TORONTO, Ont. – There were plenty of comments in the papers, on Twitter and Facebook about the very unsportsmanlike behaviour exhibited by Vancouver Canucks fans.
On Twitter, people talked about the booing at Rogers Arena as NHL commissioner Gary Bettman presented the Stanley Cup to the Boston Bruins on Wednesday night, and also the embarrassing riots after the game. But, fans said the booing was not directed at the Bruins, but at Bettman.
The grim spectacle of Vancouver coming under siege from rioters was on display around the world as the aftermath of the city’s Stanley Cup loss makes major news around the world.
Media outlets like the New York Times and CNN played reports about the chaos prominently on their websites, alongside reports of the Game 7 victory by the Boston Bruins.
“Trouble in Vancouver’s Streets After Defeat” topped the lead story in the online sports section of the Times, while the CNN site gave prominent play to fiery video images from downtown.
The Washington Post headline, “Riots erupt in Vancouver after Canucks lose to Bruins,” was accompanied by a photo of a fan waving a Canadian flag with a burning pickup truck in the background.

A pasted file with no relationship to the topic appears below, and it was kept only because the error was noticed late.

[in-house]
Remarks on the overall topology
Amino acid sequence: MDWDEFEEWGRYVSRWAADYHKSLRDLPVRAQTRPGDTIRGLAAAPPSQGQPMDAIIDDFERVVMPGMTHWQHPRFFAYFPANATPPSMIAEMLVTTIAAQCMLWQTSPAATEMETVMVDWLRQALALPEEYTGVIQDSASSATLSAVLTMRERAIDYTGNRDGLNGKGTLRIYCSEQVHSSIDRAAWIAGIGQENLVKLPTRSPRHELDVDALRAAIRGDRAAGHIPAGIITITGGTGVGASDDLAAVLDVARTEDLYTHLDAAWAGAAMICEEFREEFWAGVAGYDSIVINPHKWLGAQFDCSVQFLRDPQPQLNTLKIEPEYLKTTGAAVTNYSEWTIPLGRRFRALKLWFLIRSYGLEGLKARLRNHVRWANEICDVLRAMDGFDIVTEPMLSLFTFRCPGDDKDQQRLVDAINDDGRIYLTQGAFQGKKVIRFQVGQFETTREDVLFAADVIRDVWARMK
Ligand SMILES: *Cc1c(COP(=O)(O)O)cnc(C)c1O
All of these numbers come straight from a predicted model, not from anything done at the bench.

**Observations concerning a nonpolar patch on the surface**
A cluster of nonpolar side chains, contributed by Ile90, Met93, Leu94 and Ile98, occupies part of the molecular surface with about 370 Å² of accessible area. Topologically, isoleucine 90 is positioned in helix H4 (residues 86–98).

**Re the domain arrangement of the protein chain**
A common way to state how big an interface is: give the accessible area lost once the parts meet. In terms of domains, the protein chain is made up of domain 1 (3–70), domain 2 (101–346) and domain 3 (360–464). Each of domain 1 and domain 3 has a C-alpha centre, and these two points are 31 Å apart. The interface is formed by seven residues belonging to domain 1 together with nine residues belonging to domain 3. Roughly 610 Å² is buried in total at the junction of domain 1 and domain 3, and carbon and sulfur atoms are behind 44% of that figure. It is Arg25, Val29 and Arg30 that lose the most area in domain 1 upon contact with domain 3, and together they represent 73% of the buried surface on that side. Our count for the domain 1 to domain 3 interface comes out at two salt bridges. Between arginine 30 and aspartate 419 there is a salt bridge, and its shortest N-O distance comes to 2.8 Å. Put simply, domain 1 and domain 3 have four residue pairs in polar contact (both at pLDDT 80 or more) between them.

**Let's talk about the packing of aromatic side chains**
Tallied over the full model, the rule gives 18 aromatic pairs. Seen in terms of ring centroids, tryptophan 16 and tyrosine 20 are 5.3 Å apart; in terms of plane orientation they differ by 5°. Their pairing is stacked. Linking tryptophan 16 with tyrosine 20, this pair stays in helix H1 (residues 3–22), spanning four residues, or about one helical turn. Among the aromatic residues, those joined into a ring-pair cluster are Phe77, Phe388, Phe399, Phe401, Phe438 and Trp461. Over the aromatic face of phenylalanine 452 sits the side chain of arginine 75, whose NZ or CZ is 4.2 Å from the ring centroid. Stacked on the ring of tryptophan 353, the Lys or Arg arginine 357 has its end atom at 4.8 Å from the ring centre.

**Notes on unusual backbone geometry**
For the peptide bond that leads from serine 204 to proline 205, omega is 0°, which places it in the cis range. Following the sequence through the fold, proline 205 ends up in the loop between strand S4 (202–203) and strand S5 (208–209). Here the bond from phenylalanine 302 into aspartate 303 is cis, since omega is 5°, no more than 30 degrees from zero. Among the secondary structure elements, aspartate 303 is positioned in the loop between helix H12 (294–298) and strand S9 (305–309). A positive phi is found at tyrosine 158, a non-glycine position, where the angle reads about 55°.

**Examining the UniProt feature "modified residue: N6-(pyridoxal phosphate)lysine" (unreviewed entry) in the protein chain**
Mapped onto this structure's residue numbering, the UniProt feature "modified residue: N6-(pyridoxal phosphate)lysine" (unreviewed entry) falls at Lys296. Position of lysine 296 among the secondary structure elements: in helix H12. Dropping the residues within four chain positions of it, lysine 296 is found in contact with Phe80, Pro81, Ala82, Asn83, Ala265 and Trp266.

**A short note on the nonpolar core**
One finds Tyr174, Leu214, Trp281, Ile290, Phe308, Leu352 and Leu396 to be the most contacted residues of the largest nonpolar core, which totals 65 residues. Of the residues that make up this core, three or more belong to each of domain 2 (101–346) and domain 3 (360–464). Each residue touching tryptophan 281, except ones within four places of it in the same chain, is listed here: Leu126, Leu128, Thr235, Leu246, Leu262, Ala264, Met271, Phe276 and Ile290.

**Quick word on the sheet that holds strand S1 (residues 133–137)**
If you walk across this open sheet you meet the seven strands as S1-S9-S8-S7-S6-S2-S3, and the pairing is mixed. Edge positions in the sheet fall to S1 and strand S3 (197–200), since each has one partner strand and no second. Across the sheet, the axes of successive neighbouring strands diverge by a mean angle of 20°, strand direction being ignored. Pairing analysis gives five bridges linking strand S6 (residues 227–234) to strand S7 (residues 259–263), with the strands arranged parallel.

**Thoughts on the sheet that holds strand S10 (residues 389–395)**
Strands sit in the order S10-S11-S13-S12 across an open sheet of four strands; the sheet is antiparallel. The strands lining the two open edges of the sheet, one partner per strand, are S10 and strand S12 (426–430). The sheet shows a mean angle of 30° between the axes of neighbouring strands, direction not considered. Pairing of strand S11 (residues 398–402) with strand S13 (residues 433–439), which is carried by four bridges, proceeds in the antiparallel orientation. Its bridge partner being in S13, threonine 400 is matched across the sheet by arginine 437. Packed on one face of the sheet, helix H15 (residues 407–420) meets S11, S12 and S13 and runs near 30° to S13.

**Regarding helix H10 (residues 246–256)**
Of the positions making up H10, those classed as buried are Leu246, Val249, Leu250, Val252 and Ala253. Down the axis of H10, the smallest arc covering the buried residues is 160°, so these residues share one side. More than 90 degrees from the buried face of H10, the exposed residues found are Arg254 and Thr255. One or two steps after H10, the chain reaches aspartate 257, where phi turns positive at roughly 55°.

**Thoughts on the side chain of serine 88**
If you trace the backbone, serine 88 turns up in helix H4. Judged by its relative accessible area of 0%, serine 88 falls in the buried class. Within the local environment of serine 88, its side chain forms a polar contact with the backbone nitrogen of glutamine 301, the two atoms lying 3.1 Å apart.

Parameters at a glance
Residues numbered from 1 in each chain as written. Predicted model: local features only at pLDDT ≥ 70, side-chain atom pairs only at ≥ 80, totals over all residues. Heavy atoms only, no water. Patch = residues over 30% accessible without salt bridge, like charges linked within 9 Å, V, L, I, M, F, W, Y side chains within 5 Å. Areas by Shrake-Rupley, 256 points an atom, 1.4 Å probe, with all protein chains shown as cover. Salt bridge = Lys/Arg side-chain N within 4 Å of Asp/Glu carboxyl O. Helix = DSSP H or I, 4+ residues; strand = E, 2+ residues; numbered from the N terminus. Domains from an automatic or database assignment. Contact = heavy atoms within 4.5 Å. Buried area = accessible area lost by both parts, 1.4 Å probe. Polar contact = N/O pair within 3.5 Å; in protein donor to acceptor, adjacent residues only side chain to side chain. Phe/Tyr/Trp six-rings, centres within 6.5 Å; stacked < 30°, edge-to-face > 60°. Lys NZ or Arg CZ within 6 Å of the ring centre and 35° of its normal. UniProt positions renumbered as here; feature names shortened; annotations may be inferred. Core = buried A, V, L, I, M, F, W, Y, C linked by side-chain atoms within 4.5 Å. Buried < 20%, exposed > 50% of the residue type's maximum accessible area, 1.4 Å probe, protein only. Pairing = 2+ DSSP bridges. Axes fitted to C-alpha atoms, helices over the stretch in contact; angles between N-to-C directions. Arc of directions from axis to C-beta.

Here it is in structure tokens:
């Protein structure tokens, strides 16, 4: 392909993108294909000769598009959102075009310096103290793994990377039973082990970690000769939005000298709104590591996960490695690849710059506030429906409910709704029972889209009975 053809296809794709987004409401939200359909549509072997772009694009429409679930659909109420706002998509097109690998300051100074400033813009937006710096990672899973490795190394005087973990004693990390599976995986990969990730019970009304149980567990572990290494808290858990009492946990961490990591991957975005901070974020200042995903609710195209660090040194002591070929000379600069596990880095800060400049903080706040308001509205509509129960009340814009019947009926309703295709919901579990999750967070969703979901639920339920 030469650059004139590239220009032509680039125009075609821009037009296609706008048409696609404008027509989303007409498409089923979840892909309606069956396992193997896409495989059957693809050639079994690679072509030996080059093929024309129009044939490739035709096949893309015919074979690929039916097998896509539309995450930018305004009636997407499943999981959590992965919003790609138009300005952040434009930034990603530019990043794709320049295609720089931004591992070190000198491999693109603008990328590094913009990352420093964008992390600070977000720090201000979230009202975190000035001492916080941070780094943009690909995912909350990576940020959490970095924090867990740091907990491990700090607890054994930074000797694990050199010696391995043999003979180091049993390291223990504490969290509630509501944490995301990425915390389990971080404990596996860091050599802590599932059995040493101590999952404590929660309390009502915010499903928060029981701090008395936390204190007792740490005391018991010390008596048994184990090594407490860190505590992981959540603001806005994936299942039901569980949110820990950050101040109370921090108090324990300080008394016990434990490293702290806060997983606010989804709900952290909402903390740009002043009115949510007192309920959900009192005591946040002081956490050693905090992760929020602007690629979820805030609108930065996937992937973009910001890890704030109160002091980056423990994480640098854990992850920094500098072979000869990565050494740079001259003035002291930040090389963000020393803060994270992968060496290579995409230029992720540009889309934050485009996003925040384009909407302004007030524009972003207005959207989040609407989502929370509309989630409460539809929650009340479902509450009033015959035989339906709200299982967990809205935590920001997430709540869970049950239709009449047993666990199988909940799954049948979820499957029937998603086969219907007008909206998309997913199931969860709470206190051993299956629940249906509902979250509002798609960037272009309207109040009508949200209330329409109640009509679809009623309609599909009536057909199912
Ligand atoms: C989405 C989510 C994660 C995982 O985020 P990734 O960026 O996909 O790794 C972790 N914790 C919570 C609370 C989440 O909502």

The riot was also noticed in Australia, where the front page of the sports section of the Brisbane Times website displayed photos of the riot under the headline: “Hockey fans hopping mad.”
The Sydney Morning Herald also displayed riot photos and the headline: “Violence in Vancouver after Canucks lose Stanley Cup final.”
The rioting story was also picked up in India on the website of the Hindustan Times.
Mainstream media outlets were, however, just part of the story. Social media sites like Twitter and Facebook were teaming with citizen dispatches from the scene, as well as expressions of disgust from Canadians, and Canucks fans in particular.
Mayor Gregor Richardson called the rioting “despicable,” while NBA star Steve Nash of Victoria, B.C., said, “Vancouver is being embarrassed.”
Some used humour to cope. One tweet said: “Vancouver police are sending Tim Thomas out to stop the riot, he’s stopped everything else.”
The Boston goalie was the first one in NHL history to get a shutout in Game 7 of the Stanley Cup final on the road.